I also bought this can of... of.... the opinions are divided. I say it's soup, someone else says it's juice... Can you help me out? You have 10 days' time to vote, after which I'll open it and taste it. The lucky guesser gets a special prize. So, hurry up with the POLL. Identify yourself with the comments to this post !

Needed But Not Wanted

10 million immigrants in Italy within 20-30 years’ time according to a report published by Caritas- Migrantes, if the growth rate maintains the same standards. The number of foreign legal residents on the Italian territory amounts to an overall 3 690 052, with a 6.1 % contribution to the GDP and a total of 1.87 billion of euros of paid taxes; immigrants in Italy are now helping pay the pensions and boosting the welfare system. They certainly are needed.

At a superficial level integration in Italy is not difficult, since according to a research by Makno 85.9% of immigrants are satisfied with their life in Italy and the welcoming they receive. The main reasons of discontent are the difficulties in finding a house and a job, which is why we can speak solely of superficial integration. We may consider it as an extended form of the NIMBY (Not In My Back Yard) phenomenon, likely to occur in times of radical changes (although NIMBY is generally used for new constructions, see for example the TAR manifestations). We all know it is necessary and that it should be done, only that it would be better if someone else handled the situation. Are immigrants wanted?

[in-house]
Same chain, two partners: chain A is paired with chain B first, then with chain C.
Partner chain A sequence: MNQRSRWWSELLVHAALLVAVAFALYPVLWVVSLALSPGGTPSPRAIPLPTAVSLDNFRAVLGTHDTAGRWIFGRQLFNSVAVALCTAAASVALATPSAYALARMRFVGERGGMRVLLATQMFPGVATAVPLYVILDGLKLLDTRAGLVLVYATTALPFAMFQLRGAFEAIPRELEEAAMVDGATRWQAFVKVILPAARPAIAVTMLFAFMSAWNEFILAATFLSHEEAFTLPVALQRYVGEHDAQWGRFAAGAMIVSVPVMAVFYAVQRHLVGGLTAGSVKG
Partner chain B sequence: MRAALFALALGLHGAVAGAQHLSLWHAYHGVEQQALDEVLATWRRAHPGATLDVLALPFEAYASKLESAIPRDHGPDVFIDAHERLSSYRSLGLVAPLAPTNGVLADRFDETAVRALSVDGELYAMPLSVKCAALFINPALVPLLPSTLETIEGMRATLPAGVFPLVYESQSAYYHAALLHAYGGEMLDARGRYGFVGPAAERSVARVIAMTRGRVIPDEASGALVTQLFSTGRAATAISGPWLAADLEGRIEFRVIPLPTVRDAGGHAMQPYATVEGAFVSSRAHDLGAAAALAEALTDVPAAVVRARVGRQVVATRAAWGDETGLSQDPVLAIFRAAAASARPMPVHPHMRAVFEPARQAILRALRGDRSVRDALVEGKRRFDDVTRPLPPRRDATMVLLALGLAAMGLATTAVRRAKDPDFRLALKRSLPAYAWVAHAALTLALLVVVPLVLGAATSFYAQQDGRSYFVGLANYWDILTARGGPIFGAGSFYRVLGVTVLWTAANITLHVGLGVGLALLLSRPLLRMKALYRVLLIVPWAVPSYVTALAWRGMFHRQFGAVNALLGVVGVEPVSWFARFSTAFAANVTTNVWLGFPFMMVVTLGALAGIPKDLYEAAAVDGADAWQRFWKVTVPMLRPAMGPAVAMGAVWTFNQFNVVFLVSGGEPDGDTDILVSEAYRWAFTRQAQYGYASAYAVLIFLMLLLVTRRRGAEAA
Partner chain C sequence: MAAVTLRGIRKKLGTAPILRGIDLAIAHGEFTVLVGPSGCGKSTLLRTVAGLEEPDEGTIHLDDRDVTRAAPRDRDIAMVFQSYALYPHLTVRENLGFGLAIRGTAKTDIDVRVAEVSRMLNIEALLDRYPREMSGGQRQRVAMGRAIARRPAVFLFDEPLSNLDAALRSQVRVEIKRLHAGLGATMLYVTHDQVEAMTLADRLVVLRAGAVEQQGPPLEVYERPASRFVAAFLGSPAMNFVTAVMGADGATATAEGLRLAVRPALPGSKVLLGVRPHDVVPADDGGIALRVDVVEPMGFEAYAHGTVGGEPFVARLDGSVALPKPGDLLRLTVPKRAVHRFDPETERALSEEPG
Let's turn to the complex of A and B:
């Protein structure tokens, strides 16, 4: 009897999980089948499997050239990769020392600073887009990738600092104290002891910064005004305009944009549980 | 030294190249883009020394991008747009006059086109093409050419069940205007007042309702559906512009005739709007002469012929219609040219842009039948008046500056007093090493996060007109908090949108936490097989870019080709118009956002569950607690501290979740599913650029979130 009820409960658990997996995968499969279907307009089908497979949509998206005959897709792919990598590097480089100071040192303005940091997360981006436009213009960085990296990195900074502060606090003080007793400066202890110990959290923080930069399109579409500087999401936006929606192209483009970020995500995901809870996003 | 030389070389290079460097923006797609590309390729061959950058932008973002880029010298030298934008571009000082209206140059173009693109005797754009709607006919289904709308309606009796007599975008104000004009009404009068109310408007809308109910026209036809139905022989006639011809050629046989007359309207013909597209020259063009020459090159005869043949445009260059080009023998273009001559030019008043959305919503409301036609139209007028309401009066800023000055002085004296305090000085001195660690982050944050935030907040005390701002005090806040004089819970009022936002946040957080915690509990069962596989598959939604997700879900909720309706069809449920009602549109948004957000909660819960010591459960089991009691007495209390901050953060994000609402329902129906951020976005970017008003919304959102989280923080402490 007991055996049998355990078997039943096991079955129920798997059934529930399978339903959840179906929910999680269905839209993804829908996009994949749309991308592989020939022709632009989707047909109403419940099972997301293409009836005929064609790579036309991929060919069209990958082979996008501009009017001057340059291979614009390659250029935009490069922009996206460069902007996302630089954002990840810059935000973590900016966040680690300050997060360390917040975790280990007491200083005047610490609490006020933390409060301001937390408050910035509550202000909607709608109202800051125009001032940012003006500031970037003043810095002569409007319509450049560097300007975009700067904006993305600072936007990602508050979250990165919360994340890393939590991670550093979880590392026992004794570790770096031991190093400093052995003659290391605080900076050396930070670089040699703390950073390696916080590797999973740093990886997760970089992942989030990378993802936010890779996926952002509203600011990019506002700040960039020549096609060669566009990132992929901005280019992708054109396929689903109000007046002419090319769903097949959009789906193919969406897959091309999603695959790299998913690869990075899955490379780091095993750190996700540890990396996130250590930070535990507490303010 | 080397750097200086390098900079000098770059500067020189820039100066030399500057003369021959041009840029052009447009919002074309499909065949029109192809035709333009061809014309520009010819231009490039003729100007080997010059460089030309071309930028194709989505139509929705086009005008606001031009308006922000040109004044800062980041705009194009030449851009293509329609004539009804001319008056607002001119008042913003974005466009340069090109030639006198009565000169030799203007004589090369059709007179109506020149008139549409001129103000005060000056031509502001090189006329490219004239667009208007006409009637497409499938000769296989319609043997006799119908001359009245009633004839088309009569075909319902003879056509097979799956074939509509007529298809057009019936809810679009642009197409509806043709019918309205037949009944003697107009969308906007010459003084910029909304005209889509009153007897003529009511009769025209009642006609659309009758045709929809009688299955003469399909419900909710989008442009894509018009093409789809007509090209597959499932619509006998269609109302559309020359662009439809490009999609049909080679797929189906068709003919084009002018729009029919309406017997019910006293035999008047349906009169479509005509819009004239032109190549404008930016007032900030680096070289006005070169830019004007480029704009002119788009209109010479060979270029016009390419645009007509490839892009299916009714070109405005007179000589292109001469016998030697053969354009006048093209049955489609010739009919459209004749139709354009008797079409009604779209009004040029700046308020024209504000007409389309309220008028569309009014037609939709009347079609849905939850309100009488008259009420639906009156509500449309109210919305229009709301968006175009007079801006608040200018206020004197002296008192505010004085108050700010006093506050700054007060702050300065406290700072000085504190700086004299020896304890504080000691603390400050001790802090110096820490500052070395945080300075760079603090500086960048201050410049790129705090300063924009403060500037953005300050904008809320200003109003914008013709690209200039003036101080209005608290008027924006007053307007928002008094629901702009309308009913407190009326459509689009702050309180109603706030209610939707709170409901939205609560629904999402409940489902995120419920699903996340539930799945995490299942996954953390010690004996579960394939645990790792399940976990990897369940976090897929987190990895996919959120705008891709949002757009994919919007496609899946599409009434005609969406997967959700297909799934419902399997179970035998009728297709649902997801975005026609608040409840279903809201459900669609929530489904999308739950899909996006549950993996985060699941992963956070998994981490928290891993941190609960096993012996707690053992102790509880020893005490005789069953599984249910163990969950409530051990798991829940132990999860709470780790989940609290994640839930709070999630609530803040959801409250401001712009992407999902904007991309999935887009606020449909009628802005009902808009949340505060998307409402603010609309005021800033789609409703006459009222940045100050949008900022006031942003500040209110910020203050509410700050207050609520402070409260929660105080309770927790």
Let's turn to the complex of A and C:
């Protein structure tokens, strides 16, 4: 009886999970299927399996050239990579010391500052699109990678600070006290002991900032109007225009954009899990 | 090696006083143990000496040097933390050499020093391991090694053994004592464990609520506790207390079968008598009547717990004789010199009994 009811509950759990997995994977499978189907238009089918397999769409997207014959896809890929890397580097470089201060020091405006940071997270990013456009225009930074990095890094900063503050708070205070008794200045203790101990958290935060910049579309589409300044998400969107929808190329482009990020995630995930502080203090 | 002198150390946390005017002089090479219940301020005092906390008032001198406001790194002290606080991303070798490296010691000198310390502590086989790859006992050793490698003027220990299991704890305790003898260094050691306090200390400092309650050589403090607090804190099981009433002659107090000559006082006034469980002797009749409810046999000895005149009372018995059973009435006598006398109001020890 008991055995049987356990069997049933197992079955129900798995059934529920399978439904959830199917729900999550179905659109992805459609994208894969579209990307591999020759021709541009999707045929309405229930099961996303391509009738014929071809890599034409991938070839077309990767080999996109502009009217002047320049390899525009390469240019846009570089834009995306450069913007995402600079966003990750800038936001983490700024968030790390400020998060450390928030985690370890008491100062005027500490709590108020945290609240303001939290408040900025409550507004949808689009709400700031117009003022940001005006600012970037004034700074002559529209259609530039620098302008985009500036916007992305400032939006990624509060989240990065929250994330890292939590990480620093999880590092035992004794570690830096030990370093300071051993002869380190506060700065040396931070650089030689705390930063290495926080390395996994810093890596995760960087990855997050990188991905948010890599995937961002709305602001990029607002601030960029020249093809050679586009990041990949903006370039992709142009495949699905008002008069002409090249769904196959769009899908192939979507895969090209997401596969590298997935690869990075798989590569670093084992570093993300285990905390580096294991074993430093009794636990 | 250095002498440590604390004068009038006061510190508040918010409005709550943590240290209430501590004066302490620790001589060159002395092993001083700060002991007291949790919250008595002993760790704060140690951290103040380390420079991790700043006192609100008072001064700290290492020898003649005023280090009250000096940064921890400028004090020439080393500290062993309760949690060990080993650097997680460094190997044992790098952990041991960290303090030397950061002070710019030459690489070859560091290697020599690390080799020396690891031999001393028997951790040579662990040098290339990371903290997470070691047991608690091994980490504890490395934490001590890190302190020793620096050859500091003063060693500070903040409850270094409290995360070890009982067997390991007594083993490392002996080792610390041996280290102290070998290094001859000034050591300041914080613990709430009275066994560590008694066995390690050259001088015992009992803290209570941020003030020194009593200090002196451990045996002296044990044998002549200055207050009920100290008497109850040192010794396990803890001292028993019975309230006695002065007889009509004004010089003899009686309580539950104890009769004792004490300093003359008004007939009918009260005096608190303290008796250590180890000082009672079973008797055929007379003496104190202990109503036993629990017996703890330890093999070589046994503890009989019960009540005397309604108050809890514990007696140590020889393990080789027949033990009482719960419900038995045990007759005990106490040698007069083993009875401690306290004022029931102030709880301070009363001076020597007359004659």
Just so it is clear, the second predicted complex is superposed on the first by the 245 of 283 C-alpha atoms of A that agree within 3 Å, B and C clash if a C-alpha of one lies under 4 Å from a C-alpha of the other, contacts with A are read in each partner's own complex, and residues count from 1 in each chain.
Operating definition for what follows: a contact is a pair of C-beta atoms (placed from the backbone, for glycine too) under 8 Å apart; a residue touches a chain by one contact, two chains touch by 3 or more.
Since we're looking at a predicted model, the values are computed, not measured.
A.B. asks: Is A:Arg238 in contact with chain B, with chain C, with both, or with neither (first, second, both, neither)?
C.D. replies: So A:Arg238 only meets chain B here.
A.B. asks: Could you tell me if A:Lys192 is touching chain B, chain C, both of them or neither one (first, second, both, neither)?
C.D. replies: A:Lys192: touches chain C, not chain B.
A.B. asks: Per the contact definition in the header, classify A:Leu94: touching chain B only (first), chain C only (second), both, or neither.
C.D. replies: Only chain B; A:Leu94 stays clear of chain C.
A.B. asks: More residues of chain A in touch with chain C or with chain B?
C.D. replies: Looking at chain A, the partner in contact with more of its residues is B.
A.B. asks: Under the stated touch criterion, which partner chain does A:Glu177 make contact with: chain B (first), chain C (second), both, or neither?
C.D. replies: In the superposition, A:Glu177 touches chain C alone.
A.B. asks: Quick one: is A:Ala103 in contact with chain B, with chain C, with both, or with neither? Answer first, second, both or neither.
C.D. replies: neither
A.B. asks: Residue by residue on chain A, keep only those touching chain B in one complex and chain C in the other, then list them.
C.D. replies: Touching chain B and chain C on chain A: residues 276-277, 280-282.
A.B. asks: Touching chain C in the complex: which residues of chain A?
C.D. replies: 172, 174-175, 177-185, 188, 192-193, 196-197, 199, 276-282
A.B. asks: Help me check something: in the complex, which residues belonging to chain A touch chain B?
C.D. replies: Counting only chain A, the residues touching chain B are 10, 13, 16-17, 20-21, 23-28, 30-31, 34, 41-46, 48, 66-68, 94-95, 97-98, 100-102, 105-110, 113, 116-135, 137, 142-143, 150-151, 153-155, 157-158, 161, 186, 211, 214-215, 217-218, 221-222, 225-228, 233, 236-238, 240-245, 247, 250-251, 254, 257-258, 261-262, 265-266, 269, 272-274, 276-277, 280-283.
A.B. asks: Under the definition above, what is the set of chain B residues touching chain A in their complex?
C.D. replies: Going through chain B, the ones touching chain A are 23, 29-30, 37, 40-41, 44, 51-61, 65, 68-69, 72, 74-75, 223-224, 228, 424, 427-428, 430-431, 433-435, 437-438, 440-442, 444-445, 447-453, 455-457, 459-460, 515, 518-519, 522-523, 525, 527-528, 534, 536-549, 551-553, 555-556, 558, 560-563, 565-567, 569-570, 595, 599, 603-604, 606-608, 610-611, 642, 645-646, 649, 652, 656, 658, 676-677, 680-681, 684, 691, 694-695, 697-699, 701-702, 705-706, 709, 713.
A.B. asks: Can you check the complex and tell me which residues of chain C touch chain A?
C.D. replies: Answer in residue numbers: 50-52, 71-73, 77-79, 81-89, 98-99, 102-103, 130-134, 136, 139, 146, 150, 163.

Immigration is regarded with circumspection by the natives, fallen under the syndrome of the civilized assaulted by barbarians, to which the media reports add their own mystique of stereotypes such as “the Romanian homicide” or “the Morocco rapist”. A report published by the Italian Ministry of Internal affairs underlines how the percentage of regular immigrants under police report was barely 6%, while irregulars had significantly higher incidences of arrests- even 68% in the case of petty theft- correlated probably with their being irregular and therefore not easily controllable in the first place.